“There’s this new dream where I’m walking from one end of Manhattan to the other, and somehow I know, I just know, that everyone I pass on the street is a would be artist like me. Businessmen, bartenders, cab drivers – doesn’t matter. Everyone is secretly a dancer, an actor, a writer, a painter. A million of us with the same dream: to create, to connect, to be remembered. But it’s winter; the sidewalks are slippery, covered in ice… and the city begins TILTING. And we’re sliding, all of us. Sliding down this horrible giant ramp into nothing. Into the void… Like… Like…”
“So help me God, if you say ‘like the conveyor belt scene in Toy Story 3′, I’ll-“
“It… It was on Starz.”
“Dammit, I TOLD you not to watch that!”
Those little touches of well-observed humor do their best to deflate the ponderous sentimentality in Scott McCloud’s “The Sculptor,” a Faustian tale of a floundering artist who exchanges his life – and perhaps his soul- for his art. But “The Sculptor” won’t replace Goethe’s “Faust,” or Christopher Marlowe’s Faust, for that matter: it is much closer to Nicholas Sparks’ “Faust.”David Smith is a has-been-who-briefly-was and is now resigned to being in the shadow of the OTHER David Smith, (the famous real life sculptor.) When he meets Death-or-the-Devil-or-whomever in the form of his late Uncle Harry, he gets offered a deal: he’ll be able to easily mold and sculpt any material with his own superpowered hands, unleashing the totality of his talent… but he only has 200 days to leave his mark in the art world. Then, he’ll die. David sets out to work feverishly on his transformative masterpieces – and here McCloud makes his first tactical mistake: we get to see them… and the sculptures are far from impressive. When the art world rejects David’s creations, we’re supposed to shudder at the unappreciative callousness of those unable to recognize true genius. But honestly his stuff looks derivative at best, tacky at worst. (Rule: when your story is about a great artist/writer/painter/musician/director, please don’t show us the mind-blowing end products unless you’re convinced you can deliver.) McCloud’s toothless depiction of the art world barely counts as satire. “Art School Confidential” this isn’t. And David is a cliche of the artist as the young man: if we relate to his artistic and existential dilemmas it’s less a result of good character-building than of his generic, insert-yourself-in-the-blanks persona. His most “original” trait is an unpleasant unwillingness to compromise on arbitrary moral stances. But he is nothing compared to Meg, the manic pixie dream girl who descends the heavens for David’s sexual salvation. (Ok, she doesn’t LITERALLY descend from the Heavens – it just looks like she does. However, she IS literally manic!) But even if we’re tempted to dismiss David and Meg and the rest of the cast for the way they fit so easily into their little ‘stereotype’ boxes (or panels?), the fact is that McCloud has thought deeply about his characters, and he has affection for them. Perhaps too much: affection can easily turn cloying, and boy, does McCloud work hard at tugging heart strings and plucking tears!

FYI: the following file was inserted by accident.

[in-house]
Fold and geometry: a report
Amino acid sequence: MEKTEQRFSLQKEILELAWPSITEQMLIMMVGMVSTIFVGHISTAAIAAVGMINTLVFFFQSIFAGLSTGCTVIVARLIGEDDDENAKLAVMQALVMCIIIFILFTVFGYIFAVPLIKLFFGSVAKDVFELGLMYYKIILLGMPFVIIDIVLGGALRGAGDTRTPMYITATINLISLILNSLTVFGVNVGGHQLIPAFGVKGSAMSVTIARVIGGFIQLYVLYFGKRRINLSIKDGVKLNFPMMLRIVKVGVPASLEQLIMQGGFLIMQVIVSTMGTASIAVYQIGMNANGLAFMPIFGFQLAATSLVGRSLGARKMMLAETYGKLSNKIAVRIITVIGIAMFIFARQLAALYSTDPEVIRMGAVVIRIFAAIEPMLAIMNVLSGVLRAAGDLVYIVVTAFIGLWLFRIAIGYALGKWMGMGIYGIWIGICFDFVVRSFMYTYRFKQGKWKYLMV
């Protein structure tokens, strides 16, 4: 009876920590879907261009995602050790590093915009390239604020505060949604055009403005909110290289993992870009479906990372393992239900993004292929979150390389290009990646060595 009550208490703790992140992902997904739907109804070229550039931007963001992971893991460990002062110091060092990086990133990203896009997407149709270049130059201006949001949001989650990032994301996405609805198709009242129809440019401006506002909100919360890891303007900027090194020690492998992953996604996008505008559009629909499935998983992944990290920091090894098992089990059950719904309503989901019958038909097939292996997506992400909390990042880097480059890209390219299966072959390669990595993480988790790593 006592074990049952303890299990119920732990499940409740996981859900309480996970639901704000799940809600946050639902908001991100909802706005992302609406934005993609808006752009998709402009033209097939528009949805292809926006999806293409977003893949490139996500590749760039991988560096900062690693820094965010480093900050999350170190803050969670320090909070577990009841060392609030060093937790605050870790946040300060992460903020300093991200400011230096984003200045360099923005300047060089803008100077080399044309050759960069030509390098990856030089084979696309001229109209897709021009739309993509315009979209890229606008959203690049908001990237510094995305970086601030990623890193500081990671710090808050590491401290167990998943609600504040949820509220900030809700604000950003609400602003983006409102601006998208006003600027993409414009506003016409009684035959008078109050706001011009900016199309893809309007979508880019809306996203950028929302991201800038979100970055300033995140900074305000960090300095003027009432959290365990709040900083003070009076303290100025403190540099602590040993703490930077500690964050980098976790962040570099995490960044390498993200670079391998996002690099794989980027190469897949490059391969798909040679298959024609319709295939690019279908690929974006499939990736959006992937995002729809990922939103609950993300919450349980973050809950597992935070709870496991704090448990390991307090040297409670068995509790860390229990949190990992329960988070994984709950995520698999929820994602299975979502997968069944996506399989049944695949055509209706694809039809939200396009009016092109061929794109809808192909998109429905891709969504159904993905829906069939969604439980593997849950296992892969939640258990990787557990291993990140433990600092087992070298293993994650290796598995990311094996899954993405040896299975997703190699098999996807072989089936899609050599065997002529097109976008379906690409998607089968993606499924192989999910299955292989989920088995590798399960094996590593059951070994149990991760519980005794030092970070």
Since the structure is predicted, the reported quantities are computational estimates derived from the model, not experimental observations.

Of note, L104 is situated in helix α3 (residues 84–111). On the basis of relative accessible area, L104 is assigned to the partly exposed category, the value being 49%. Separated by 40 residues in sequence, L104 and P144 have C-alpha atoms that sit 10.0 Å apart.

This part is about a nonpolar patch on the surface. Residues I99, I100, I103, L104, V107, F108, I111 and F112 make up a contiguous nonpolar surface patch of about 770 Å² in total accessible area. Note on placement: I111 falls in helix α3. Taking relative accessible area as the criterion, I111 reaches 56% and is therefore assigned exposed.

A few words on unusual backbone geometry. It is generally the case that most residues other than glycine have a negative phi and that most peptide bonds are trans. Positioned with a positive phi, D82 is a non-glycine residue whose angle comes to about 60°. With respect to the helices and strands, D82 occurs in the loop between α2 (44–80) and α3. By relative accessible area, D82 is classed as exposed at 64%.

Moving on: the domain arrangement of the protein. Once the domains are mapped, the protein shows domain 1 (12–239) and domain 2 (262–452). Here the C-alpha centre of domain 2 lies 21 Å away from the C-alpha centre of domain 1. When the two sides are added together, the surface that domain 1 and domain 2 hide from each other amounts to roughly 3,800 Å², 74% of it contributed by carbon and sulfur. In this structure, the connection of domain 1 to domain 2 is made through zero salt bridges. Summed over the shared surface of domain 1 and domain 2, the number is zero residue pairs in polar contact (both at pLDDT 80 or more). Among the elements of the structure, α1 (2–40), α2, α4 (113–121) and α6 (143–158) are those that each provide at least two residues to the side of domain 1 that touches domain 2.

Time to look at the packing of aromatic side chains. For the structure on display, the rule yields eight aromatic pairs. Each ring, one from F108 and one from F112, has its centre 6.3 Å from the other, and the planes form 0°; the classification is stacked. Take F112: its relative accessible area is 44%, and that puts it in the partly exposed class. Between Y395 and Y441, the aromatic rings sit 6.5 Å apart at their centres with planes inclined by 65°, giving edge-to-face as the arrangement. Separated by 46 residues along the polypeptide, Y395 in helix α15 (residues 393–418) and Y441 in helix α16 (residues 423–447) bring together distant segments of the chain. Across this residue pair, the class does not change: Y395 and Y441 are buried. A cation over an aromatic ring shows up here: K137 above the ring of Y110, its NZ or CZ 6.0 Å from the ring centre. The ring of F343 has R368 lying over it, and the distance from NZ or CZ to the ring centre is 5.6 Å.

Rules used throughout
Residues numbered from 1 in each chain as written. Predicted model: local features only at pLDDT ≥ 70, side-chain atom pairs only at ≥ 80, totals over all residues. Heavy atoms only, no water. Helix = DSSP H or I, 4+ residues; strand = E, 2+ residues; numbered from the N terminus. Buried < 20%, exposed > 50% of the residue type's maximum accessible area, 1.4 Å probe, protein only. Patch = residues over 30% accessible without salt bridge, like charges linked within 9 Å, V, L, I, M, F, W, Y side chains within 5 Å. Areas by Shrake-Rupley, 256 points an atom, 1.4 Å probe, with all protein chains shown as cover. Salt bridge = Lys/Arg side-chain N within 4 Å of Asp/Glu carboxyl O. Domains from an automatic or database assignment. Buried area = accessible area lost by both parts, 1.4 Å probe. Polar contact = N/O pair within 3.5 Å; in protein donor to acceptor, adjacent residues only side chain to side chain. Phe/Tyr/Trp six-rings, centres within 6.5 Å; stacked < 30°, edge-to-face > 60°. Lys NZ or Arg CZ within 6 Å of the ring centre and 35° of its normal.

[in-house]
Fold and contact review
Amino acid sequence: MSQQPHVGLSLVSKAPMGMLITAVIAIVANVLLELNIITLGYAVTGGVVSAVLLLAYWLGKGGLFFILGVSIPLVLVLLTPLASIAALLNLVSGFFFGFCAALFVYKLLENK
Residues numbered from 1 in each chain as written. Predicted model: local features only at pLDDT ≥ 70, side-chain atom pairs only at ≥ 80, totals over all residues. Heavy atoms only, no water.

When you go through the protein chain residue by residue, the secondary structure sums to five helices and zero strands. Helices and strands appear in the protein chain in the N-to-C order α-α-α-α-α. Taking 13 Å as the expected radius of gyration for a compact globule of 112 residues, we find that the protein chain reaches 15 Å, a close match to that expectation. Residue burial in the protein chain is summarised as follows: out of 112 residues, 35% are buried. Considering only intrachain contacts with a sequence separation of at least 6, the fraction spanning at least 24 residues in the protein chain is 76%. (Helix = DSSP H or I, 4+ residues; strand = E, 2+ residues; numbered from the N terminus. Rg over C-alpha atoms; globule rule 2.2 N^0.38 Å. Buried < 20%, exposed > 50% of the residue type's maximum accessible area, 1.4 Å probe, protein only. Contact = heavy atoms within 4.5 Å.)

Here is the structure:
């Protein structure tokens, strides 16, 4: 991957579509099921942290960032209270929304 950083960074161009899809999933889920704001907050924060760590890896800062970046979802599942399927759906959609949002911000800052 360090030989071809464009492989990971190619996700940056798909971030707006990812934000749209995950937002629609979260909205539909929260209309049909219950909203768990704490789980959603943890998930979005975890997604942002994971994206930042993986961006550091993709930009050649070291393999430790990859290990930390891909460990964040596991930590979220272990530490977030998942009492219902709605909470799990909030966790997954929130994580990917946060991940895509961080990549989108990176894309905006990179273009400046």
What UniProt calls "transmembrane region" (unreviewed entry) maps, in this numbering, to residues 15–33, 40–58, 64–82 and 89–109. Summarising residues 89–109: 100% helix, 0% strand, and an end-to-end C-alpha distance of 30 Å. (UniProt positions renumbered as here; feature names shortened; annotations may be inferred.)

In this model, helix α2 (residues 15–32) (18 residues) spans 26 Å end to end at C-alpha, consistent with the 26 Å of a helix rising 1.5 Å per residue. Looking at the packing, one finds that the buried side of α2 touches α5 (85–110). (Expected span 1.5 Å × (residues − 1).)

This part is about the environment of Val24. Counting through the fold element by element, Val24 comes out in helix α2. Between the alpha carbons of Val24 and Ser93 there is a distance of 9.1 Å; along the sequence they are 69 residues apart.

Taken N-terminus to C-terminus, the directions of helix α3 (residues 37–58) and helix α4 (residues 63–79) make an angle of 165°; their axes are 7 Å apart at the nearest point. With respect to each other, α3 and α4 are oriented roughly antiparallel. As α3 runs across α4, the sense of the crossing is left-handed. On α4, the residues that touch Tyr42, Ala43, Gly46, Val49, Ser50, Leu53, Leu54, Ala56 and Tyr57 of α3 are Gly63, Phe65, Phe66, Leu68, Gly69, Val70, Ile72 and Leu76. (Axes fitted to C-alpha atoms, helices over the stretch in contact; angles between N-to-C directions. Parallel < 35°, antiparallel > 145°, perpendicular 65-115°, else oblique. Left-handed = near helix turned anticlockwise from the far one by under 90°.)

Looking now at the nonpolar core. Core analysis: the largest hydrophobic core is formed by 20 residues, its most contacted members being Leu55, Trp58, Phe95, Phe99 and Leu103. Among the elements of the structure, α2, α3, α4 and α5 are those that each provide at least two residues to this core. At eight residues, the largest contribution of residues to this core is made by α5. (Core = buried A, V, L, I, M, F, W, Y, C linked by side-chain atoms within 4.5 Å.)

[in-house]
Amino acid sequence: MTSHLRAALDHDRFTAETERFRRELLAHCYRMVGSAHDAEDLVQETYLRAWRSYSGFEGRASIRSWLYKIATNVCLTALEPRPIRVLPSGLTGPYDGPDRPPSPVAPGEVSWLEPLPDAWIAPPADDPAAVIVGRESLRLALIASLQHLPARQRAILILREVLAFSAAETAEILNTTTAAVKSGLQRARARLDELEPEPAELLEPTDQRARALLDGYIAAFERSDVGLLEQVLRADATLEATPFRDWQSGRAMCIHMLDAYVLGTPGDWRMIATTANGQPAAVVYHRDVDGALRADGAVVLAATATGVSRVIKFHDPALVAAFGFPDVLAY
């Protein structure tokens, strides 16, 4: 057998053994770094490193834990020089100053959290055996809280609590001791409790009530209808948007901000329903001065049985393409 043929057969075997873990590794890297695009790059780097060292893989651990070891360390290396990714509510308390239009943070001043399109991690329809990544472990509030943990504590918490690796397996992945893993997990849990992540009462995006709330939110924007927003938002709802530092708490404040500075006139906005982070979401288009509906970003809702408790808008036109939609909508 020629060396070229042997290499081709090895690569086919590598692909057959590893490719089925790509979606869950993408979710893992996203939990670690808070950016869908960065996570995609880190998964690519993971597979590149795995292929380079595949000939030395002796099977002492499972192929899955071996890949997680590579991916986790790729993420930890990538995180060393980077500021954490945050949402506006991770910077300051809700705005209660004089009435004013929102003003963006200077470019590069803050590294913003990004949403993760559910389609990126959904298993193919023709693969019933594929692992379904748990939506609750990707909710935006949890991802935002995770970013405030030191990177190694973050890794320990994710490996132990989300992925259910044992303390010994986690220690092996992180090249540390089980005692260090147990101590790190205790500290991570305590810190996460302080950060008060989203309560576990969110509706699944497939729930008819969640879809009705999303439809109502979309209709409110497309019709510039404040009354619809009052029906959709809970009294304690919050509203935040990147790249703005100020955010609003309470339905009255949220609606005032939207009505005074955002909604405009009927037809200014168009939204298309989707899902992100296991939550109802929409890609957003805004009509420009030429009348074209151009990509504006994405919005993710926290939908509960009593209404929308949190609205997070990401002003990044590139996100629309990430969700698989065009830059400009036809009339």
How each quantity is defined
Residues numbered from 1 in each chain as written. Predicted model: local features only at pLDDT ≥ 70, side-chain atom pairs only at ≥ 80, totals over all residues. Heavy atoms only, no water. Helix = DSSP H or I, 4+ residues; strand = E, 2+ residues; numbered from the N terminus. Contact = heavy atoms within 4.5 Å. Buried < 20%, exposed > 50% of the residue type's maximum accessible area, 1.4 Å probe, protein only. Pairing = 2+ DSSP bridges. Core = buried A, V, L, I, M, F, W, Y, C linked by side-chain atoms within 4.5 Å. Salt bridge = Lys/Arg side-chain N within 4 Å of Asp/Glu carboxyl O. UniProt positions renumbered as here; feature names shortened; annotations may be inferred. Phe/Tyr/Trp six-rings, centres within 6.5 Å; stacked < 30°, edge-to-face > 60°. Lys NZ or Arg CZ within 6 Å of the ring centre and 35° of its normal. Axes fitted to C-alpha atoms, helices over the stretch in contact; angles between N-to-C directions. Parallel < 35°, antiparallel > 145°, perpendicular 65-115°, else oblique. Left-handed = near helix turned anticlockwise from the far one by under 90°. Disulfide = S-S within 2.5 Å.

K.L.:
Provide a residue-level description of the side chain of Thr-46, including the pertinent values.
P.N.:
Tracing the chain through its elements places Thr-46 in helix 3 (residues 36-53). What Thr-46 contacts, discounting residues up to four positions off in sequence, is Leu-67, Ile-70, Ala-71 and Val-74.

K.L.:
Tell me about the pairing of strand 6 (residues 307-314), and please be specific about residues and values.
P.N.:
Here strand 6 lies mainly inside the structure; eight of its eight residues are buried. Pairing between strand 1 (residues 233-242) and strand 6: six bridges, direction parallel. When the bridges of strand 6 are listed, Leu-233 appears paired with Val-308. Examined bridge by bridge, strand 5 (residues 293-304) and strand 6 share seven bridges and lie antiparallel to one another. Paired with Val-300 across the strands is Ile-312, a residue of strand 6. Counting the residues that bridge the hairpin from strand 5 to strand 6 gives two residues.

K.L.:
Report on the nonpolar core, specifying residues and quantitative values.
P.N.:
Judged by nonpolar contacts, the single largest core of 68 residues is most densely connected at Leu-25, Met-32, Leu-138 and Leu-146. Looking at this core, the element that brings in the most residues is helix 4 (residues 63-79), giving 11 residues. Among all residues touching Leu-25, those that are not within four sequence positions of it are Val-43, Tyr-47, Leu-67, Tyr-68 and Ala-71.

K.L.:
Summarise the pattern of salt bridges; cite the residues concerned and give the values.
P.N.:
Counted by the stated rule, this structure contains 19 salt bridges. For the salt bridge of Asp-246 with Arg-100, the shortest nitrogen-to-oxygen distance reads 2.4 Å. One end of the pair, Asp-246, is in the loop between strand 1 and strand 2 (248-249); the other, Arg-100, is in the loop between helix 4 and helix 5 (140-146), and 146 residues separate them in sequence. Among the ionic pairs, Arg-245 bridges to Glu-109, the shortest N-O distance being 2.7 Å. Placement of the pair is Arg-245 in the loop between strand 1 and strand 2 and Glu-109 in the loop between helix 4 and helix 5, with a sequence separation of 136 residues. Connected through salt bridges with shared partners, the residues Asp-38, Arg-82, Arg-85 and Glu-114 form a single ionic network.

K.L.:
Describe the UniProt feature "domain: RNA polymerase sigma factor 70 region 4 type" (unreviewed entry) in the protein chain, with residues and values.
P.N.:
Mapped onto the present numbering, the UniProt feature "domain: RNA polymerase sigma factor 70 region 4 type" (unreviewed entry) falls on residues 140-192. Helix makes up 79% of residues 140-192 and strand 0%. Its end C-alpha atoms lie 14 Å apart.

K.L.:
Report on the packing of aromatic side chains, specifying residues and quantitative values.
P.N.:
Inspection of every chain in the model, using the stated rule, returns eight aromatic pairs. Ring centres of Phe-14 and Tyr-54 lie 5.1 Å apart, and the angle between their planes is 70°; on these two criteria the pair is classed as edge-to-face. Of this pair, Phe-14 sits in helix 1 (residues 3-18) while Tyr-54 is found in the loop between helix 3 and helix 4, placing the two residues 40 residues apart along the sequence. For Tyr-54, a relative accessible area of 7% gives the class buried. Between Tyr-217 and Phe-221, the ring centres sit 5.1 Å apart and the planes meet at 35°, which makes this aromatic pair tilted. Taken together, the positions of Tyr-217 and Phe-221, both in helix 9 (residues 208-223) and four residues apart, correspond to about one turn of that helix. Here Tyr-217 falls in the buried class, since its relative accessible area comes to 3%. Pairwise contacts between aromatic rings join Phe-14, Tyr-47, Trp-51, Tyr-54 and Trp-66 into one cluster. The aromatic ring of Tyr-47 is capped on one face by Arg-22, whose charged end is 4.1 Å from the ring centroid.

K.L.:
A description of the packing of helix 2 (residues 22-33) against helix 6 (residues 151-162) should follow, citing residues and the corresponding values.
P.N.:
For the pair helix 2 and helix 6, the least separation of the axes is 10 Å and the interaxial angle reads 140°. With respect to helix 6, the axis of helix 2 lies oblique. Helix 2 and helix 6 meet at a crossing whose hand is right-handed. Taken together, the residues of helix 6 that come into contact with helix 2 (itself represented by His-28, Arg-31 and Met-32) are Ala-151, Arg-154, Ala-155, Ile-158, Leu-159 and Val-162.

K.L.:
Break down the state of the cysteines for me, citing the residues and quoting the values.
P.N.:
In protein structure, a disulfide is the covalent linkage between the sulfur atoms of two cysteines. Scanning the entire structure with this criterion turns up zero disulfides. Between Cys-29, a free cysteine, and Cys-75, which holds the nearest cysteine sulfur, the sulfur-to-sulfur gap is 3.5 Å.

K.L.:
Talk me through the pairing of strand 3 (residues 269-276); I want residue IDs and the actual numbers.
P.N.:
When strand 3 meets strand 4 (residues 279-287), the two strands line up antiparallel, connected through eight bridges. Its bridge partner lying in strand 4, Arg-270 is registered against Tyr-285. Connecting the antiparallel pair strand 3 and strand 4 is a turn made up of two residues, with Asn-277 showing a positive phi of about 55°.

So here I am, feeling teary-eyed but underwhelmed. I had hoped this would be a truly ground-breaking work, coming as it does from easily the most famous of graphic novel theorists. So I can’t quite sympathize with Neil Gaiman’s “best in years” cover blurb. This could have been more. I revere McCloud’s “Understanding Comics” as the first work that gave me highfalutin academic tools to defend graphic novels from their detractors, (and I even liked “Zot” as the immature, inventive sketch it is.) But “The Sculptor” is not quite the grand successful summation of McCloud’s ideas it should have been: it is far more impressive as a debut novel, hinting at further maturation. Too bad the man is in his late 50s.RATING: GOOD ENOUGH going on COOL!